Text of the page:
The added expectations and increased pressure came as Stumpe is now the third generation of the Suntrup Automotive Group family, based in St. Louis, Missouri. “My Grandpa and his brother started it in 1957, and then my dad and his brother really grew it into a multi-franchise organization,” she explained. “And when I first entered the car business in 2016, everybody thought I was going to know so much about it because I had grown up in it. But in reality, I didn’t know a lot about car buying because I had never seen the process actually happen.”
Walking The Walk
After graduating from William Woods University with a degree in Equestrian Sciences, she returned to the family business and the BMW franchise in particular. Although it may not have seemed like it to outsiders, the dealership was a very different world for Stumpe. Her learning curved consisted of two uniquely different but equally important (and challenging) areas. One was learning the dealership’s day-to-day operations and inner workings, from sales and service to parts and accessories. The second was getting acclimated to the BMW product line, a difficult task for any automotive professional, let alone somebody new to the business.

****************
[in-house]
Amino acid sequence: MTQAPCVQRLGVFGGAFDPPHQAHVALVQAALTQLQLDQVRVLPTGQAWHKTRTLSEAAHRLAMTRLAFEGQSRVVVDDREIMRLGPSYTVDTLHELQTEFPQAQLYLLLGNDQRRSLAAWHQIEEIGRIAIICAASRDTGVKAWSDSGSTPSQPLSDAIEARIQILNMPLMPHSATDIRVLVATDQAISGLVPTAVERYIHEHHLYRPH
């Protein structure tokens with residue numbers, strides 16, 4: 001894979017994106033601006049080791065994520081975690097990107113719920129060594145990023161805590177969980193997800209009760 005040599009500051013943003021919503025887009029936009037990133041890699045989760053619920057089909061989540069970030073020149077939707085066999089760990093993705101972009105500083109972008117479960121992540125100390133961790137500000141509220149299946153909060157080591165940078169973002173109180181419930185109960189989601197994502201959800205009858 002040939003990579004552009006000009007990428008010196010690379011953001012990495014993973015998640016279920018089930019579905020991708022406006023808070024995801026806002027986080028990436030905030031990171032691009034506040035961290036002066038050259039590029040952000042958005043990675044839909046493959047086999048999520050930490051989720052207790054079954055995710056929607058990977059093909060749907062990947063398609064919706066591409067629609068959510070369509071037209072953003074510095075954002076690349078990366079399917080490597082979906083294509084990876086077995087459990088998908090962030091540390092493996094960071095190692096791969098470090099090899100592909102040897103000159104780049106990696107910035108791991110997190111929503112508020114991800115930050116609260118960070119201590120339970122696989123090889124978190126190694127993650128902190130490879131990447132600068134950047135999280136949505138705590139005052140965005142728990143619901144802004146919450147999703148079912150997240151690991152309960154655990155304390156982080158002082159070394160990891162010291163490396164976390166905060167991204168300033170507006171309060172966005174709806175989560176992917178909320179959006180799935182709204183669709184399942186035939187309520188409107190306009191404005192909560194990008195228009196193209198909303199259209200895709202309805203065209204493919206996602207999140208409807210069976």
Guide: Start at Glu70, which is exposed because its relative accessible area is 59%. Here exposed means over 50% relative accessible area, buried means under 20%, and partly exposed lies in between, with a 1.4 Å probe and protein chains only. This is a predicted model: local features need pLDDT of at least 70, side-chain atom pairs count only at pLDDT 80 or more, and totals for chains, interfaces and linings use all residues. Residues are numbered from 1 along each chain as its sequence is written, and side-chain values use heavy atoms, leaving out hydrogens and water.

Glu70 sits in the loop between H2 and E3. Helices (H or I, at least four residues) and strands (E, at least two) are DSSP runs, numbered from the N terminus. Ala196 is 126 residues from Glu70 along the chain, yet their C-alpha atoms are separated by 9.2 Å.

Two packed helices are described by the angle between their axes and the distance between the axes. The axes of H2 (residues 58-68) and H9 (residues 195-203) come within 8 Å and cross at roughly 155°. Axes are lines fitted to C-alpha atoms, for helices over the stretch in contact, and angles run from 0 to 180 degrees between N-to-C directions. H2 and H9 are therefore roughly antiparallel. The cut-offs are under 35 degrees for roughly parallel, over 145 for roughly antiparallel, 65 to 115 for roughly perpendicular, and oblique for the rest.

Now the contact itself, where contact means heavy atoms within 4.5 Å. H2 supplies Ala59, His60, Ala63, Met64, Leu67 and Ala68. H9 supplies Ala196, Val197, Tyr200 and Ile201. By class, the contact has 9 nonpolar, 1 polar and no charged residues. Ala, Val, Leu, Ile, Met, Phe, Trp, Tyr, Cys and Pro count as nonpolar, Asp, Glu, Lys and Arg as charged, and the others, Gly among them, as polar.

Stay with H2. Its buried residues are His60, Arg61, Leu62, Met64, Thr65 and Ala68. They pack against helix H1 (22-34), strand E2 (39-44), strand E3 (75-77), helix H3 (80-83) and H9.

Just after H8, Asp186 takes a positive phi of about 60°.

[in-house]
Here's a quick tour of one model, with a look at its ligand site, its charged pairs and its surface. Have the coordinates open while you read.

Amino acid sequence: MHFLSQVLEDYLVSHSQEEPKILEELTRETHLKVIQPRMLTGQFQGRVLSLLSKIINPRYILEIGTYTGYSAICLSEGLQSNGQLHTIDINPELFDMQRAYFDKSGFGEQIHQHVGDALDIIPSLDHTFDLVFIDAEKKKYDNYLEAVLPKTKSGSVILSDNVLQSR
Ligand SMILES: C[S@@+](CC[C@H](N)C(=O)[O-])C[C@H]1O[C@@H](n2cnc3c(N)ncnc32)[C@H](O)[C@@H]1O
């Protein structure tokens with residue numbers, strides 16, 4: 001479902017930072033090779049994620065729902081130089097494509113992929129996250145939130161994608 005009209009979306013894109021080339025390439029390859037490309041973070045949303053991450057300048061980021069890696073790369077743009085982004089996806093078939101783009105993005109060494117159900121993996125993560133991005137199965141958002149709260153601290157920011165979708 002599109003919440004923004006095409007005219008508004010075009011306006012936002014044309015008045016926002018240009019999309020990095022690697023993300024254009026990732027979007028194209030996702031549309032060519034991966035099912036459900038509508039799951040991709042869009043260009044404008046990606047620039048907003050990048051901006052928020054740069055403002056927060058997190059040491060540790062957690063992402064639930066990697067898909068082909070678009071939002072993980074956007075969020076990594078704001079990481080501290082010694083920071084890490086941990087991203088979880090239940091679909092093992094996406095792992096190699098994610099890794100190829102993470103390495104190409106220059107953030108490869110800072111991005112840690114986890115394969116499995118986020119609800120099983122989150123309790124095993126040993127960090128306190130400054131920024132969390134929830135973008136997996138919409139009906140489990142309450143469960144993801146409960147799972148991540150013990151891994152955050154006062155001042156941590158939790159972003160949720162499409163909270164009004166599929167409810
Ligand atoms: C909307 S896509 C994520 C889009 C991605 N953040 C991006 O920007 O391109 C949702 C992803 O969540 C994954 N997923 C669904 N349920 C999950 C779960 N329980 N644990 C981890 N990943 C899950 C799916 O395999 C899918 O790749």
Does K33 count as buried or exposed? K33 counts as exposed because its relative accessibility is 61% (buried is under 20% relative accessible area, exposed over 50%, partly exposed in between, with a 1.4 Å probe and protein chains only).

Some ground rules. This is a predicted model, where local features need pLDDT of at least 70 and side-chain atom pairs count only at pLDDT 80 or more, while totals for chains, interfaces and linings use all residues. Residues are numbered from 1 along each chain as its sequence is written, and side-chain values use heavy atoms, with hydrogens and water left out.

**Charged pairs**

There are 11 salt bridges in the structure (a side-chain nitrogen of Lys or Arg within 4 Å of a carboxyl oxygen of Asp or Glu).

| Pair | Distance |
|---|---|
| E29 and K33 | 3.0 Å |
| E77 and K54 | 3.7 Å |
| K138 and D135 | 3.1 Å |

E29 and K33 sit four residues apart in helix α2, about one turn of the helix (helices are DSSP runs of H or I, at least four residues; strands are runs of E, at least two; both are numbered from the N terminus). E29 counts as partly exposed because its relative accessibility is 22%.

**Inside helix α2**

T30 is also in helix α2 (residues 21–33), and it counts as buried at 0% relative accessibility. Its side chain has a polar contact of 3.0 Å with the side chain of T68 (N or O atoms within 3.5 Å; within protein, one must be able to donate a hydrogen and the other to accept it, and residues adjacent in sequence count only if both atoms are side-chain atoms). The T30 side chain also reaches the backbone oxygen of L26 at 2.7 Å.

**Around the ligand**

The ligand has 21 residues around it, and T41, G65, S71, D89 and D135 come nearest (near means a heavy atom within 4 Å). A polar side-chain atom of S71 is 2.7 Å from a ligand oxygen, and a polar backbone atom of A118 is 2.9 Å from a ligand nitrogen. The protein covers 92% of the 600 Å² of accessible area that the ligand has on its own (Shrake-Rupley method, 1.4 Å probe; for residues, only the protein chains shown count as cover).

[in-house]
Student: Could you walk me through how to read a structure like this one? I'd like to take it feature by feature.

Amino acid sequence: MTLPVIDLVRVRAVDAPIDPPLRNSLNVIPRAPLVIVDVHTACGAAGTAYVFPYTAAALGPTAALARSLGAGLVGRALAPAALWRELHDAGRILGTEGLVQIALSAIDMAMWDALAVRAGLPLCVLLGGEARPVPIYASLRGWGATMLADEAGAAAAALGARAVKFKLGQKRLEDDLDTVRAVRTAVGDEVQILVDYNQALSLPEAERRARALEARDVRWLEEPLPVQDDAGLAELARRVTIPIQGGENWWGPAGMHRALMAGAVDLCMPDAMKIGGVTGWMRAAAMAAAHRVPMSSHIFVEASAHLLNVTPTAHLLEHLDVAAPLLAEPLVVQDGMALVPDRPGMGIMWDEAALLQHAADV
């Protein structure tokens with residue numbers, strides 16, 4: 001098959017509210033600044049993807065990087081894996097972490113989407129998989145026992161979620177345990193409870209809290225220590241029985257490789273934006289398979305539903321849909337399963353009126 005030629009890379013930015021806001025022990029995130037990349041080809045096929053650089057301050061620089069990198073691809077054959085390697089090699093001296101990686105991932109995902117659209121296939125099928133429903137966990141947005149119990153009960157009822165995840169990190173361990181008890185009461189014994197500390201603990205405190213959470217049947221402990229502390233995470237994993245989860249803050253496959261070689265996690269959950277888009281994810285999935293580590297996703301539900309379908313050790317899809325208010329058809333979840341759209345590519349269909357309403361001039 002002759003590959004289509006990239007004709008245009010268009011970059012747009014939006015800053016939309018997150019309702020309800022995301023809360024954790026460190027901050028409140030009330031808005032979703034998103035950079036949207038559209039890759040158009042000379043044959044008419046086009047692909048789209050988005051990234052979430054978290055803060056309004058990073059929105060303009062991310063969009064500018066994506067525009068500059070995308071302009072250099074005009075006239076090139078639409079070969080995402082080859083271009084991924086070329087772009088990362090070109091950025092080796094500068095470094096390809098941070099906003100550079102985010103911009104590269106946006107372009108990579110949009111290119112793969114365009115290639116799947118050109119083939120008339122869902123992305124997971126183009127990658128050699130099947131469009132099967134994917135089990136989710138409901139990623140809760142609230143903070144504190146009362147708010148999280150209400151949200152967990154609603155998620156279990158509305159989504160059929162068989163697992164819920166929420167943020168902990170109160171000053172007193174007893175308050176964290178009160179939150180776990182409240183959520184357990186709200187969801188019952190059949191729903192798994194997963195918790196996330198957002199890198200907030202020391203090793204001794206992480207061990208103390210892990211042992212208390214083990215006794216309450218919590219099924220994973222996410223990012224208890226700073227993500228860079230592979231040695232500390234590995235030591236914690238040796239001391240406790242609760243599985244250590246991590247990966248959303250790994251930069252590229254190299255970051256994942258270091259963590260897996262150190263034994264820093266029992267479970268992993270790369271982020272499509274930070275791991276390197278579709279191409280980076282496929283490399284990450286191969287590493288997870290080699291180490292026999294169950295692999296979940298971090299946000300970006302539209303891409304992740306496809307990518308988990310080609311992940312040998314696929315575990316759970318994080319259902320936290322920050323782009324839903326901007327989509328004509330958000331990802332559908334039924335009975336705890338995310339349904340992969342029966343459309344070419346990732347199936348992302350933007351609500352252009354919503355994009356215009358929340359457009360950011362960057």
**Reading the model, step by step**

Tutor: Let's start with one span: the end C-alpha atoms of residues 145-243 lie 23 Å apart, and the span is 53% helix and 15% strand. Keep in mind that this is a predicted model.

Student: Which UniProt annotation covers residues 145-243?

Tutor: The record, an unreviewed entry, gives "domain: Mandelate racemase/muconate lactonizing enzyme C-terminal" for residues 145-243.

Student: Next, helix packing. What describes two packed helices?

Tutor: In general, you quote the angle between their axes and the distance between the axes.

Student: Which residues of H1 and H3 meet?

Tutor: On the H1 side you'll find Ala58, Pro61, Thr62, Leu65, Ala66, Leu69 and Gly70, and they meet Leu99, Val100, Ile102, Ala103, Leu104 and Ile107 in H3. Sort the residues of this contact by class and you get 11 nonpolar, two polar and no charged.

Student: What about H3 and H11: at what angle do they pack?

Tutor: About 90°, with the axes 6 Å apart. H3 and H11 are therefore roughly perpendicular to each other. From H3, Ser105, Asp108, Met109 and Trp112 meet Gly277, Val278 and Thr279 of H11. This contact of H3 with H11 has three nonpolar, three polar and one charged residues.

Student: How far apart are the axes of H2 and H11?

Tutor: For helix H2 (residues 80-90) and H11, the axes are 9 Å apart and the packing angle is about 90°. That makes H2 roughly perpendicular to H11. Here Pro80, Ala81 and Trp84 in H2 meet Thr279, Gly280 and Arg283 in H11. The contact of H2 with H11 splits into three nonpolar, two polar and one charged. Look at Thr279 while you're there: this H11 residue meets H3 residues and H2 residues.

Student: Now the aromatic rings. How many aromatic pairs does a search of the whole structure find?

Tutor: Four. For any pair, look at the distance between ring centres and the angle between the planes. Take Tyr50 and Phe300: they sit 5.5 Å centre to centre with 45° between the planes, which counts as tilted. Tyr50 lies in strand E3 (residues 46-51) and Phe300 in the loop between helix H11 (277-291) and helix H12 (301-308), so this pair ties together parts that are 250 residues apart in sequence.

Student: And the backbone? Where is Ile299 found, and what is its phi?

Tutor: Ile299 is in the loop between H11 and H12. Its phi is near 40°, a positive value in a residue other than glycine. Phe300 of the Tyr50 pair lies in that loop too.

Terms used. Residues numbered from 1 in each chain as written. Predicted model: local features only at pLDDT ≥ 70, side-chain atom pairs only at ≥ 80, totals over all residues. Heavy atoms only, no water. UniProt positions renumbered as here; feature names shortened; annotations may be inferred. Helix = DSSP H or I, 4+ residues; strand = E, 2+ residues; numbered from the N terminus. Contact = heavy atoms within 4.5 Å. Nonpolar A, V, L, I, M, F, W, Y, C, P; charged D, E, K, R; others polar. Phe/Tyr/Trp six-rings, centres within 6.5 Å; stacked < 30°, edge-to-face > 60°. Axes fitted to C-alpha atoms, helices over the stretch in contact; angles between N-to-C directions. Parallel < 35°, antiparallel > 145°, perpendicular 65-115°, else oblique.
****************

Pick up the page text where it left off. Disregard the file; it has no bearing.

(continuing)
Luxury brands like BMW differ in that they have extensive lineups, many intricate tech features, and some of the most advanced engineering with regard to vehicle platforms and powertrains. BMW’s terminology can be particularly overwhelming, especially when seeing it for the first time. Phrases and descriptors like “TwinPower turbocharging technology,” “VALVETRONIC fully variable valve timing,” and “double-VANOS variable camshaft timing” are all common BMW lingo. Add to that BMW’s M lineup where there are numerous options and packages, and it presents another challenge entirely. In short, BMW is not an easy product lineup to learn.